The Arizona bark scorpion is 1-3 inches in length and is a pale yellow color. Very common in the Foothills, Marana, and Oro Valley, the bark scorpion is the one homeowners are most likely to encounter. It gets its name because it favors climbing mesquite trees, and it can climb the wall of your home.
Arizona Bark Scorpions can flatten their bodies into a very small size, allowing them to slip through doors, windows, vents, and almost any crack in a house. If a credit card can fit into a crack, then a scorpion can get through it.
Scorpions prefer food like crickets, grasshoppers, and other insects, so once inside, they are unlikely to find any food and often end up starving to death. Thus, you are more likely to find a dead scorpion in your home than a live one.
Arizona Bark Scorpions are most active in the summer months, particularly during monsoons. Sometimes they will come into a warm house during cool winter months. Scorpions are shy creatures who typically try to hide, especially underneath things. Frequently found in sweaty clothes, shoes, and boots, it is good to not leave these items outside.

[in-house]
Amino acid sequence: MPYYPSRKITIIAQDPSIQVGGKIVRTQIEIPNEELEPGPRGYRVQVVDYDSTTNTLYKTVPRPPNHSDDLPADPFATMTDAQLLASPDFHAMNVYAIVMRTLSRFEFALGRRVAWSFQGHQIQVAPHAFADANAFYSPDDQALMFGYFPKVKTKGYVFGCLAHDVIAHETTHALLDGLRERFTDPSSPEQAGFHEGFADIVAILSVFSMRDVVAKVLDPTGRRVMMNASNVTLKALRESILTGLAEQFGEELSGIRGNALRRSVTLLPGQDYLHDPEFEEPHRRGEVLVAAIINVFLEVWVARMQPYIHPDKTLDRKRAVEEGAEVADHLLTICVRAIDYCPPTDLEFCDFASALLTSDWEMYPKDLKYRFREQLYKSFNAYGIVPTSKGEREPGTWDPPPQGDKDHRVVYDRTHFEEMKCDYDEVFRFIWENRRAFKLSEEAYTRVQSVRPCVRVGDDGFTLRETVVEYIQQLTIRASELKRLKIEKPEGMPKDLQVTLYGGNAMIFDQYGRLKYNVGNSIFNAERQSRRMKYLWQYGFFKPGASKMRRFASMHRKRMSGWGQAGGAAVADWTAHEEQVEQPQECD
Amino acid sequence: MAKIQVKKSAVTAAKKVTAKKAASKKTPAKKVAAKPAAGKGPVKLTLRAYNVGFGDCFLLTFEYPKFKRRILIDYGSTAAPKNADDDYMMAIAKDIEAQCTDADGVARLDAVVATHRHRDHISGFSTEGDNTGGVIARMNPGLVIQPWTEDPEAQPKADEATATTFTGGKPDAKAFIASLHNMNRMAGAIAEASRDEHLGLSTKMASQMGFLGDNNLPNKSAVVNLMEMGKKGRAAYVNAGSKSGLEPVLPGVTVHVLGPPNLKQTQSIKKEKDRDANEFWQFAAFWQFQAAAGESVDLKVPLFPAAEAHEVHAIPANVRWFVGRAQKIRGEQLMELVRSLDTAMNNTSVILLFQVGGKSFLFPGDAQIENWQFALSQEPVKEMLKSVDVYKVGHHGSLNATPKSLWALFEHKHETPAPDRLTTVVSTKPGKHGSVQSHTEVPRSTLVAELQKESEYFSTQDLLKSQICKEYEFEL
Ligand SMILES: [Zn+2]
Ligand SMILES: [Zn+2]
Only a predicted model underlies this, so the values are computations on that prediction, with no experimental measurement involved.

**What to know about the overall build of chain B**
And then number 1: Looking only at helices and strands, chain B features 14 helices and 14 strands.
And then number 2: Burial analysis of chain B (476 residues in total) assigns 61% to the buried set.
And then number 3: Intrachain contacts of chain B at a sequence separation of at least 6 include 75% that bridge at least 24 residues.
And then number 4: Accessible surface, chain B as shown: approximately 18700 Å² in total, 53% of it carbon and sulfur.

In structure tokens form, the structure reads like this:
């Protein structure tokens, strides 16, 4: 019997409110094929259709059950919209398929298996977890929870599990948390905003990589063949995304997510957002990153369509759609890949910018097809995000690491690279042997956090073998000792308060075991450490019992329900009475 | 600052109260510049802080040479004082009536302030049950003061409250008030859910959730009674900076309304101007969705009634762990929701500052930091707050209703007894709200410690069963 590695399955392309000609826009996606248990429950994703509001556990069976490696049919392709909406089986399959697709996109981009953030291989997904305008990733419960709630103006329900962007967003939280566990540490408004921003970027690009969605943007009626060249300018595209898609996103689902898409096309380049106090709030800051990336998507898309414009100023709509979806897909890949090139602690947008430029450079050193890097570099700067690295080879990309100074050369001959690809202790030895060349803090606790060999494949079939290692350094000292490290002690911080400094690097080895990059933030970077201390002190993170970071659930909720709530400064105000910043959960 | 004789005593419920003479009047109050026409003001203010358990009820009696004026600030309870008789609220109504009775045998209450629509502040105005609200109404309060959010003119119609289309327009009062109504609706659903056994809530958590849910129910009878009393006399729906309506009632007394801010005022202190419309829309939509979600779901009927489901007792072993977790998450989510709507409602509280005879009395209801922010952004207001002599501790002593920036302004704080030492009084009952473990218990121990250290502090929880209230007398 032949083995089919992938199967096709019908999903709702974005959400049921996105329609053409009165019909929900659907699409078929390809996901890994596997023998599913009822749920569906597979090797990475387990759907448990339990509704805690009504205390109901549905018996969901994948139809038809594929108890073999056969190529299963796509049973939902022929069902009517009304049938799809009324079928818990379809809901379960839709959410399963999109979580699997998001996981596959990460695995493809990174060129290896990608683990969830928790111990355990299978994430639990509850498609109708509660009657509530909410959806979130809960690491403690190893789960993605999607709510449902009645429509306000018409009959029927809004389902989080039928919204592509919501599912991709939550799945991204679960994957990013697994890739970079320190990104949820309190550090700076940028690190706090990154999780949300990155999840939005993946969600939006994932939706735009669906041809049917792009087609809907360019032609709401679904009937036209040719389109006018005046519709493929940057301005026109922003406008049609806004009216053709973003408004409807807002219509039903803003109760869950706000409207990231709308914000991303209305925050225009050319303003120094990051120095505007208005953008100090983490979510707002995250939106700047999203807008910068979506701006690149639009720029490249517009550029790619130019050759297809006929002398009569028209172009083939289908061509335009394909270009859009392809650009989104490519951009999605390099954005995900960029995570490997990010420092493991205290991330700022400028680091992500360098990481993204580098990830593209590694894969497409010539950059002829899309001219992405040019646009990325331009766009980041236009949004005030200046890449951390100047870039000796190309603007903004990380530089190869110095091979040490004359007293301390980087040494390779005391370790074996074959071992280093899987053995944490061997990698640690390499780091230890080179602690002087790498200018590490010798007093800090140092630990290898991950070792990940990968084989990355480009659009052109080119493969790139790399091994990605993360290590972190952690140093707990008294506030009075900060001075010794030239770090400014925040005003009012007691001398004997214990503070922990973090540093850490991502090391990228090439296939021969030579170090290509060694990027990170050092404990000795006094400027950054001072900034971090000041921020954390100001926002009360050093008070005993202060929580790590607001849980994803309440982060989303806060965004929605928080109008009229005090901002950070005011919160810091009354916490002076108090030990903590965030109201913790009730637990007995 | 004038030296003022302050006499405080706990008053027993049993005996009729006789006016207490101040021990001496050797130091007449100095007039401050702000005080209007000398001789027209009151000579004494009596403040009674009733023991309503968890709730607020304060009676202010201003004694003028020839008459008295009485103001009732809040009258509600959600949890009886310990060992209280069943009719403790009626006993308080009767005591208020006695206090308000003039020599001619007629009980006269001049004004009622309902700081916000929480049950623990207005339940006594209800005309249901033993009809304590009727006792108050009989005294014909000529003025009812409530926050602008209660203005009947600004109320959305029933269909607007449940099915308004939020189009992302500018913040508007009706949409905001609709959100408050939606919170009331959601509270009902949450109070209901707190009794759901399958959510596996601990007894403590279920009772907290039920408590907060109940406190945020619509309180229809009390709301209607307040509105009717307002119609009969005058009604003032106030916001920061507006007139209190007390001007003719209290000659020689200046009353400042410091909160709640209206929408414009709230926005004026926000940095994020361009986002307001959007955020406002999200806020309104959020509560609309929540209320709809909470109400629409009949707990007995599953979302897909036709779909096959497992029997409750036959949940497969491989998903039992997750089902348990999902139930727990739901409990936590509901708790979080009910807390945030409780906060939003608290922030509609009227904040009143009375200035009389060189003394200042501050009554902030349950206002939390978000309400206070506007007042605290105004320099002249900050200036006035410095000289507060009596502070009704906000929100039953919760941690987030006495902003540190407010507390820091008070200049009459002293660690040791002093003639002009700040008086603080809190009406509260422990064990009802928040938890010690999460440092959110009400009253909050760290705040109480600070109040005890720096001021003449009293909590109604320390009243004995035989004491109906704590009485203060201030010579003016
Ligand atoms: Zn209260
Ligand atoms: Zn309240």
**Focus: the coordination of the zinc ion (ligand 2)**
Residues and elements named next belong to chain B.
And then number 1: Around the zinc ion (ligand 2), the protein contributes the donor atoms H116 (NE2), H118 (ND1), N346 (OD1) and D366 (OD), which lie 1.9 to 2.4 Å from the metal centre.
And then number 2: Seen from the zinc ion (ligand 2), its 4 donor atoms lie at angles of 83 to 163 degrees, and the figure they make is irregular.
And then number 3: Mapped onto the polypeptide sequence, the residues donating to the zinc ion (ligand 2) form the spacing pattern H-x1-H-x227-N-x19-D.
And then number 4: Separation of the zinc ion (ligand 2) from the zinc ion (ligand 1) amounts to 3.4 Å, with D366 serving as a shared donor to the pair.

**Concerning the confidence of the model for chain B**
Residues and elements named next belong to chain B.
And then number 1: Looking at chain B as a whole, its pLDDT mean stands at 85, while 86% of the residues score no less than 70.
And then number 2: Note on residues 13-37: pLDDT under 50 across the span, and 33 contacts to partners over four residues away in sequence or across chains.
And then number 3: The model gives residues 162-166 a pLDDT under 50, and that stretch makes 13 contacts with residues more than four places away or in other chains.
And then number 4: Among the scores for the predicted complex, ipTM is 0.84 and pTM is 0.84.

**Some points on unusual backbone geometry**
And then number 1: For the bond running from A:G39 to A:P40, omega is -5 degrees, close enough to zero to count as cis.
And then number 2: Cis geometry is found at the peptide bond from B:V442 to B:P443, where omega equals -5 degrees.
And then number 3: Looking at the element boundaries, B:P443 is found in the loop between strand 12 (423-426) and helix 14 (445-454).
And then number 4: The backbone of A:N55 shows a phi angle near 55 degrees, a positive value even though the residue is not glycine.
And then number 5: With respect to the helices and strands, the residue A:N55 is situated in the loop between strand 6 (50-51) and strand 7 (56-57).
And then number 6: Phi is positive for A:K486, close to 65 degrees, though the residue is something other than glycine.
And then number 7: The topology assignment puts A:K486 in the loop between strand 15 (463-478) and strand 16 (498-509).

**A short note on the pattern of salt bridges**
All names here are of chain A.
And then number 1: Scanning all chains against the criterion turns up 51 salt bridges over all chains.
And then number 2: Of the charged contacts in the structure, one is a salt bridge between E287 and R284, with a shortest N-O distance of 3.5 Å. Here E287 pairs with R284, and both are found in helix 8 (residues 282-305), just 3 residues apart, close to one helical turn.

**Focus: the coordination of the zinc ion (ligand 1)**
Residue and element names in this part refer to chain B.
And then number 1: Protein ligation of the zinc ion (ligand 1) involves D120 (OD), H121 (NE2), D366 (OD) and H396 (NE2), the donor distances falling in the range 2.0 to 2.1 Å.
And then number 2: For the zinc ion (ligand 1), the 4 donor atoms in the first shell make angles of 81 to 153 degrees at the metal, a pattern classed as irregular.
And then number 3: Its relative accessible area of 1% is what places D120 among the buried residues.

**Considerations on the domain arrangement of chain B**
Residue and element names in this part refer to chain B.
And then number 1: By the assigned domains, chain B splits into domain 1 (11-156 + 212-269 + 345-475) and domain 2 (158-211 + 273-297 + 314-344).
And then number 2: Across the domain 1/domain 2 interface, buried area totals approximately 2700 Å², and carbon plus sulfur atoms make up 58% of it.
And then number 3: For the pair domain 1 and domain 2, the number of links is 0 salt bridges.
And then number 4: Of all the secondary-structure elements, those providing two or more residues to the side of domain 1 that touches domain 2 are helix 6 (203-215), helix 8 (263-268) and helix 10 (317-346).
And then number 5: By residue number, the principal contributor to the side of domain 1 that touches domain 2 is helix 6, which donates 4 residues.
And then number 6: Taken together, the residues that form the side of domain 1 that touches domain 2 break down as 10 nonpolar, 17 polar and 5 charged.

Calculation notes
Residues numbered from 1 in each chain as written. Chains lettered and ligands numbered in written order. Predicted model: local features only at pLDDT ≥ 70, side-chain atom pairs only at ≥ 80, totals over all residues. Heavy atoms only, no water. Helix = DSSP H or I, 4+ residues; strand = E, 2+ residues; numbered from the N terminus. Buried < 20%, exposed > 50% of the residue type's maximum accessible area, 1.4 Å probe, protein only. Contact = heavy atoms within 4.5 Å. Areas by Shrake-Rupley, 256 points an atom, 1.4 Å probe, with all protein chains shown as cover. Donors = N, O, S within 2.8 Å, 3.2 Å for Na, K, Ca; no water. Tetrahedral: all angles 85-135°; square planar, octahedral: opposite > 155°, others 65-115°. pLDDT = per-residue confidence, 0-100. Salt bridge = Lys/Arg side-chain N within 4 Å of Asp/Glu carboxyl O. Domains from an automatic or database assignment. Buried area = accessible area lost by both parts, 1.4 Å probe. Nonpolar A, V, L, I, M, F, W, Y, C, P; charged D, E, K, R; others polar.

It is also important to check carefully when you pick something up off the floor such as a shoe or a towel, to check that a scorpion has not hidden itself inside. Scorpions are nocturnal and tend to avoid light. Walking around barefoot at night can be a higher risk proposition for a scorpion sting. Scorpions do glow under black light, so it is possible to see them in the dark.
Technically Arizona Bark Scorpions are not insects, so insecticides do not tend to work well against them. While it is extremely difficult to keep all scorpions out of a house, there are treatments available to reduce their number by spraying likely entry points. Regular treatments should greatly reduce the number of live scorpions in your house. It is possible to kill scorpions with a shoe or a flyswatter. Of course, it is the one you do not see that poses the biggest problem.
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